Scouting The Little Miami River

A buddy and myself spent Sunday scouting the Little Miami River and the enjoining Todd’s Fork for smallmouth habitat. We definitely found some areas worth checking out again. The pool at Todd’s Fork was full of some large fish but I think overall it probably gets a lot of pressure judging by the large parking lot in front of it. The confluence between it and the Little Miami River in Morrow looked good too but I have a feeling that is the same story. We also went over to my secret spot in Loveland which still had some fish in it which was cool, however, it was getting overrun by an aluminum hatch (canoers). Overall, the Little Miami River is a fun river to fish but it definitely has places that are plentiful and those where the fishing can be stingy. That’s why it’s so important to get out and scout water before committing to a full dayout so that you’re hitting the best water at the best time. Which begs to question, how does one successfully scout water in the first place?

Scouting water properly requires a multifaceted approach. The first step is to find public access. Typically this is done via Google Maps, which is a tool that has become incredibly helpful for planning excursions. Look for access around bridges, parks (both state and municipal), ball fields, utilities (water intakes/discharge areas), schools, or businesses that might be closed for the weekend. If you can’t find one easily, also consider looking for access on feeder creeks, where you can hike down into the main river. Drop down into Google Street View to see the area in more depth for a quick look around. You’ll also need to park a car, so a place with that readily available and devoid of tow zone signs is of utmost importance (unless you’re floating, where you’ll need a proper takeout point as well.)

Once you’ve established access, start using Google Maps to look for bends, riffles, or dark colored pools. Sometimes these are hard to see when the satellite captures photos in the summer time or after a big rain, but you can at least establish interesting places to fish. You can now circle back to the first step to see where the nearest access point to that water lies. Sometimes I’ll do this step first and then look for access points, so they are kind of interchangeable, but in the end there’s no point in mapping water that is inaccessible.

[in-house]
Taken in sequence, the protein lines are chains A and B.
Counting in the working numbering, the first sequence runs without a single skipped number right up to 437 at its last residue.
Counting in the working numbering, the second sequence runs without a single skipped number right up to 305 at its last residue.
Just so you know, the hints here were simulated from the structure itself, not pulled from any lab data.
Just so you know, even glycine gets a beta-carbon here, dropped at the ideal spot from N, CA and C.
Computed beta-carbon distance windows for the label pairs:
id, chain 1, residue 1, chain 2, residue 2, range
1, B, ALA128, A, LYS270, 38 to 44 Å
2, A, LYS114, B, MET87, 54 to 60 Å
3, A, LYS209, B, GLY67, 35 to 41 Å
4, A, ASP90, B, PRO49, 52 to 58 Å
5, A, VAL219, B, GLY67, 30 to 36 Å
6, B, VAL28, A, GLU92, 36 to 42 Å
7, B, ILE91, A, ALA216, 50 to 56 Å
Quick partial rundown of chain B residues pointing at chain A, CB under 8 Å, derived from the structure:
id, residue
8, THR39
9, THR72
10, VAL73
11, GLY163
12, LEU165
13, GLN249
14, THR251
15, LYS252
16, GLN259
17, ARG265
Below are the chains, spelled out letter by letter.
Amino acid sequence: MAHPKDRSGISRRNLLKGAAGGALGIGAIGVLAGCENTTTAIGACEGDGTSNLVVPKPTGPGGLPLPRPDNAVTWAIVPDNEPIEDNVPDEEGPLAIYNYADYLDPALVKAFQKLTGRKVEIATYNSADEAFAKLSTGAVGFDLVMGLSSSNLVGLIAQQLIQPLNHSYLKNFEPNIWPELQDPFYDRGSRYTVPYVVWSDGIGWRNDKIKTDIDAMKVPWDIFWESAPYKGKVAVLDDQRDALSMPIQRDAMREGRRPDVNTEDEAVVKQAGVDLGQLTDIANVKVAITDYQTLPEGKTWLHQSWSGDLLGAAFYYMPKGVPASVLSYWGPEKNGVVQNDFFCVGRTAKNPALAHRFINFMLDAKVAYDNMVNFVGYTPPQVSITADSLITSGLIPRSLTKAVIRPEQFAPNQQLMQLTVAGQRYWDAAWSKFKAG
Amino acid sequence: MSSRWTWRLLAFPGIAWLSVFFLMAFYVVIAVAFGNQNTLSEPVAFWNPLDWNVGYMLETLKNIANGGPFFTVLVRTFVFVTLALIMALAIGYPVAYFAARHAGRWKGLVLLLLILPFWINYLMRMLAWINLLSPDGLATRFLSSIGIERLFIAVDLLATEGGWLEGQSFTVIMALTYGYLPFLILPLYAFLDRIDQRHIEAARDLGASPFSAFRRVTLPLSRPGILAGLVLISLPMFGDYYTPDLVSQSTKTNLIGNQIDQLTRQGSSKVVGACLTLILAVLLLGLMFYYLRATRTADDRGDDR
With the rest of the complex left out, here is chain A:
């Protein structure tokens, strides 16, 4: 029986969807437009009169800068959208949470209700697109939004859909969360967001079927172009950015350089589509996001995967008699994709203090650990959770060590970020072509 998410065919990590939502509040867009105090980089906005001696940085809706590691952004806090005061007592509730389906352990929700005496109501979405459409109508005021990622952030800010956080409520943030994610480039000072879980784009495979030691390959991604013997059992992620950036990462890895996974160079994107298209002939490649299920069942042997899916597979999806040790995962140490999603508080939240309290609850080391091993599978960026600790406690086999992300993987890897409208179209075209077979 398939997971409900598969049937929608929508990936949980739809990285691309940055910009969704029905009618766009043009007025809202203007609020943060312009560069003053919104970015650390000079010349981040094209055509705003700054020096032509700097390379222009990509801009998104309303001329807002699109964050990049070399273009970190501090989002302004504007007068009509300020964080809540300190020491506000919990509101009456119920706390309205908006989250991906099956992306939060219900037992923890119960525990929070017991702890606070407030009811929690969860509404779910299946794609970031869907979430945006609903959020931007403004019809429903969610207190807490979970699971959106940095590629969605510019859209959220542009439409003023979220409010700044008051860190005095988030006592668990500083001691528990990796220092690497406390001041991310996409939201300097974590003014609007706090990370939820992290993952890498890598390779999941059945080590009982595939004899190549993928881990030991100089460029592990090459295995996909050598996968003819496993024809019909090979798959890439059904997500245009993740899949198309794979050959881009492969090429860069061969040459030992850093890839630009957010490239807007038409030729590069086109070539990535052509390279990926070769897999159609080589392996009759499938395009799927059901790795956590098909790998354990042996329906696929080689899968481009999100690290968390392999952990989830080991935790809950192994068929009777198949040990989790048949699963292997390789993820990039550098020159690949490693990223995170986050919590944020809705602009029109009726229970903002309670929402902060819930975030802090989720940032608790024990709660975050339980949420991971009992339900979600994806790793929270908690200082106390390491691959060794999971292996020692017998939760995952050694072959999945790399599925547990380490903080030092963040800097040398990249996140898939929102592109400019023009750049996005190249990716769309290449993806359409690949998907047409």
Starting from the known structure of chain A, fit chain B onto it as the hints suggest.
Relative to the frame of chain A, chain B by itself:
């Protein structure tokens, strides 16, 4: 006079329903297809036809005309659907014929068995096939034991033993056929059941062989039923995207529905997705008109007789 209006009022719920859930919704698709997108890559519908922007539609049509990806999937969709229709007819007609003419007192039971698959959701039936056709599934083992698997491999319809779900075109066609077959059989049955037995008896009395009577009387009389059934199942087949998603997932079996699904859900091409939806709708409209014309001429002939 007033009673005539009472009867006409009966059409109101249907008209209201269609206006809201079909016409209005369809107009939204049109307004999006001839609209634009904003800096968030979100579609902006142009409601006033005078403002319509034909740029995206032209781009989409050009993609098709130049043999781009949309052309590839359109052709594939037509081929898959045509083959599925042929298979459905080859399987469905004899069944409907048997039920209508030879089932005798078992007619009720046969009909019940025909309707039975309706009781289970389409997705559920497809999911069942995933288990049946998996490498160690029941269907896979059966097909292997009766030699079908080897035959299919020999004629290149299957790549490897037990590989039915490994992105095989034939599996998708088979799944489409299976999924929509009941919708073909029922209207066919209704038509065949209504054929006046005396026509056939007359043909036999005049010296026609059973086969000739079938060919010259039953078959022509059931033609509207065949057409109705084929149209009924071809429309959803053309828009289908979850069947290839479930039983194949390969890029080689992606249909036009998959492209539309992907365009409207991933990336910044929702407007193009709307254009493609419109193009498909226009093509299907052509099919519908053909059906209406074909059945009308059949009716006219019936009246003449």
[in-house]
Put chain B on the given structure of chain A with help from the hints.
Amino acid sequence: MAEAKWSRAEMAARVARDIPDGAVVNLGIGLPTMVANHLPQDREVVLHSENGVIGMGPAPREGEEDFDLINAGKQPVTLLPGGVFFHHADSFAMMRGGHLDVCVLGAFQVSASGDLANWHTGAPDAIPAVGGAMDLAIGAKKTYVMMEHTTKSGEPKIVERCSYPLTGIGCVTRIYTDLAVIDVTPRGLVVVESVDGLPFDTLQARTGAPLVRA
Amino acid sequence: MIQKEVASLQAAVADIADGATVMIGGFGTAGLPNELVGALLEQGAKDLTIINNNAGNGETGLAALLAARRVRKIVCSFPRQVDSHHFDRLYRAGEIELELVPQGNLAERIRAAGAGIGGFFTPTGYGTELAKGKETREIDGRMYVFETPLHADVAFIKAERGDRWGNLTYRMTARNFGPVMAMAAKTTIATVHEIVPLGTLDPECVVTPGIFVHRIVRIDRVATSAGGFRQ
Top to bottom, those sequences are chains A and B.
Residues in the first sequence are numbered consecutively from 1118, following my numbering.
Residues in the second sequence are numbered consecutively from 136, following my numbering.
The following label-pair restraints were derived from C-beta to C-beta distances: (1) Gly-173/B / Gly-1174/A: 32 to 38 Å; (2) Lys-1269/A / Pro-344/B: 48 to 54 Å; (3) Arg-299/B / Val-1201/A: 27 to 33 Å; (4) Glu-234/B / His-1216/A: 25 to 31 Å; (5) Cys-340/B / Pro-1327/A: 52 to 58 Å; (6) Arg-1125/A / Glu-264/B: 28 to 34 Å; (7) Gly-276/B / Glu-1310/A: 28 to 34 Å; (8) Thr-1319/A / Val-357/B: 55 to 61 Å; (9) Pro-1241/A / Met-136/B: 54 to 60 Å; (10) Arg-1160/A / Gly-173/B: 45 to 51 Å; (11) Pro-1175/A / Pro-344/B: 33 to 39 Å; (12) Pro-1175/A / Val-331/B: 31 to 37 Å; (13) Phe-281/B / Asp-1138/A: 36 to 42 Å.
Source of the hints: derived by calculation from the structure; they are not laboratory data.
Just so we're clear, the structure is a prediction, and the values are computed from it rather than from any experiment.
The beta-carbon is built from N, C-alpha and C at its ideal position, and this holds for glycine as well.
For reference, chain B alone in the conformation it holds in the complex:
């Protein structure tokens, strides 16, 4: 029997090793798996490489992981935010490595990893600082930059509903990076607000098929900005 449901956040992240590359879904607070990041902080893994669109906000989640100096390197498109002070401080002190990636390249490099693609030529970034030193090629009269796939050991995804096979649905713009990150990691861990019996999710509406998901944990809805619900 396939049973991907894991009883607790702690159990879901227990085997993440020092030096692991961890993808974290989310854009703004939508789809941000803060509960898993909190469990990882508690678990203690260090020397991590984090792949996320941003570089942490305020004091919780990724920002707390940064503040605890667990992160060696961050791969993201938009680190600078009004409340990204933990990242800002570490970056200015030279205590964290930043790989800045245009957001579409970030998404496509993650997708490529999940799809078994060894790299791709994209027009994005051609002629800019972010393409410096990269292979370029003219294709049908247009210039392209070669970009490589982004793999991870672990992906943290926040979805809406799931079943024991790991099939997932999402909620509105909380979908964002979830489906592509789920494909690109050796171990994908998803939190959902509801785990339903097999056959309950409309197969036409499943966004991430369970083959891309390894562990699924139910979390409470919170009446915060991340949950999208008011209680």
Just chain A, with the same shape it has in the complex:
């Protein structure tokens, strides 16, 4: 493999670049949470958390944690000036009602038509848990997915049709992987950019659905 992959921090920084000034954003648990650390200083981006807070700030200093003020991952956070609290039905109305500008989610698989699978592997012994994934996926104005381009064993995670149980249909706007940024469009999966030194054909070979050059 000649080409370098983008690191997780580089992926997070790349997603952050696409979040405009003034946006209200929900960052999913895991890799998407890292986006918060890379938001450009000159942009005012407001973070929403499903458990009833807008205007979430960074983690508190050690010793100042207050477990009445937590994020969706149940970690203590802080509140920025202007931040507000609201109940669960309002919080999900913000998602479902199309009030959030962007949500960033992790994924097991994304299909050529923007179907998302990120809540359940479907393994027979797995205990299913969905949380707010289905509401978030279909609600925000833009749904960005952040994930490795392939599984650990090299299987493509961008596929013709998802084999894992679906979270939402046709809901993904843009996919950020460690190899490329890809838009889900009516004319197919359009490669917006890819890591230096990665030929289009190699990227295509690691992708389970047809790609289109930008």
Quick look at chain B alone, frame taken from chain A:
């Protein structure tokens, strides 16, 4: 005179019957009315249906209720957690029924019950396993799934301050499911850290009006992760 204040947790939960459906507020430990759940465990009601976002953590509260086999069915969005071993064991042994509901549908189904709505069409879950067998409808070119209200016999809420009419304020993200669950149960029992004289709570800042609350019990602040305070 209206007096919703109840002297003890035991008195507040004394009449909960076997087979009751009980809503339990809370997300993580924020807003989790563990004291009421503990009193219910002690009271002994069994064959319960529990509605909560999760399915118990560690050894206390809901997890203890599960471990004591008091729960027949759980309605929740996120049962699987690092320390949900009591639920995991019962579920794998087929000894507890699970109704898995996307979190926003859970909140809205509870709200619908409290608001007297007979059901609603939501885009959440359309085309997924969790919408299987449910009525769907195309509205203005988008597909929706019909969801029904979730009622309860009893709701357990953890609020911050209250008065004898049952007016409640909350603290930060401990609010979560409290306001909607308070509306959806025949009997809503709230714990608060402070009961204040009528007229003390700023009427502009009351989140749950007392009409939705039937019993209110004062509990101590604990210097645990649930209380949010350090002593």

Your next step is to get wet. Yes, you’ll be tempted to fish but the biggest challenge is to explore and look for drop offs that hide pools and spot submerged rocks that offer a current break. You should also kick rocks and watch for fish that dart out so you can establish the popular ambush points where fish like to hide. The summer time is the best for this, where you can slip in and see how deep a hole is without worrying about getting wet. Good and often overlooked spots to find are drop offs where feeder creeks confluence with bigger pieces of water. The biggest fish a stretch of river often cruises that slope looking up for food to wash in so just don’t limit yourself to runs and riffles. Likewise, if you choose to infiltrate through the creek you should know that these fish can see you a mile away, so stealth is important. Likewise, I would also look for steep cut banks that telegraph deep channels. Often times these chutes, especially coming off a bend that has current, can hold some pigs in it.

Lastly, you should judge how heavy the fishing pressure is on that piece of water. Forked sticks jammed into the bank, beer cans, worm containers, broken bobbers, and cigarette butts are good indicators that a spot gets fished heavily. My experience is that the heavily fished areas are hard to get bit, but if you walk a little bit away your chances improve considerably.

Now that you have some spots to try you are good to plan a trip without having to worry about getting lost or hurt if you arrive at twilight or stay until dark (oftentimes the best times to bass fish). I will warn you though, if people find out you know where to catch fish they’ll pepper you with questions and rarely offer back any information. My recommendation is if you’re asked this question make sure you get to trade spot information. I used to get pretty frustrated with people who would ask exactly where I caught fish. Like exactly, what rock I stood on even. Hey bud, I put in the time, you can too. But, if you know of some spots I’ll trade you information!


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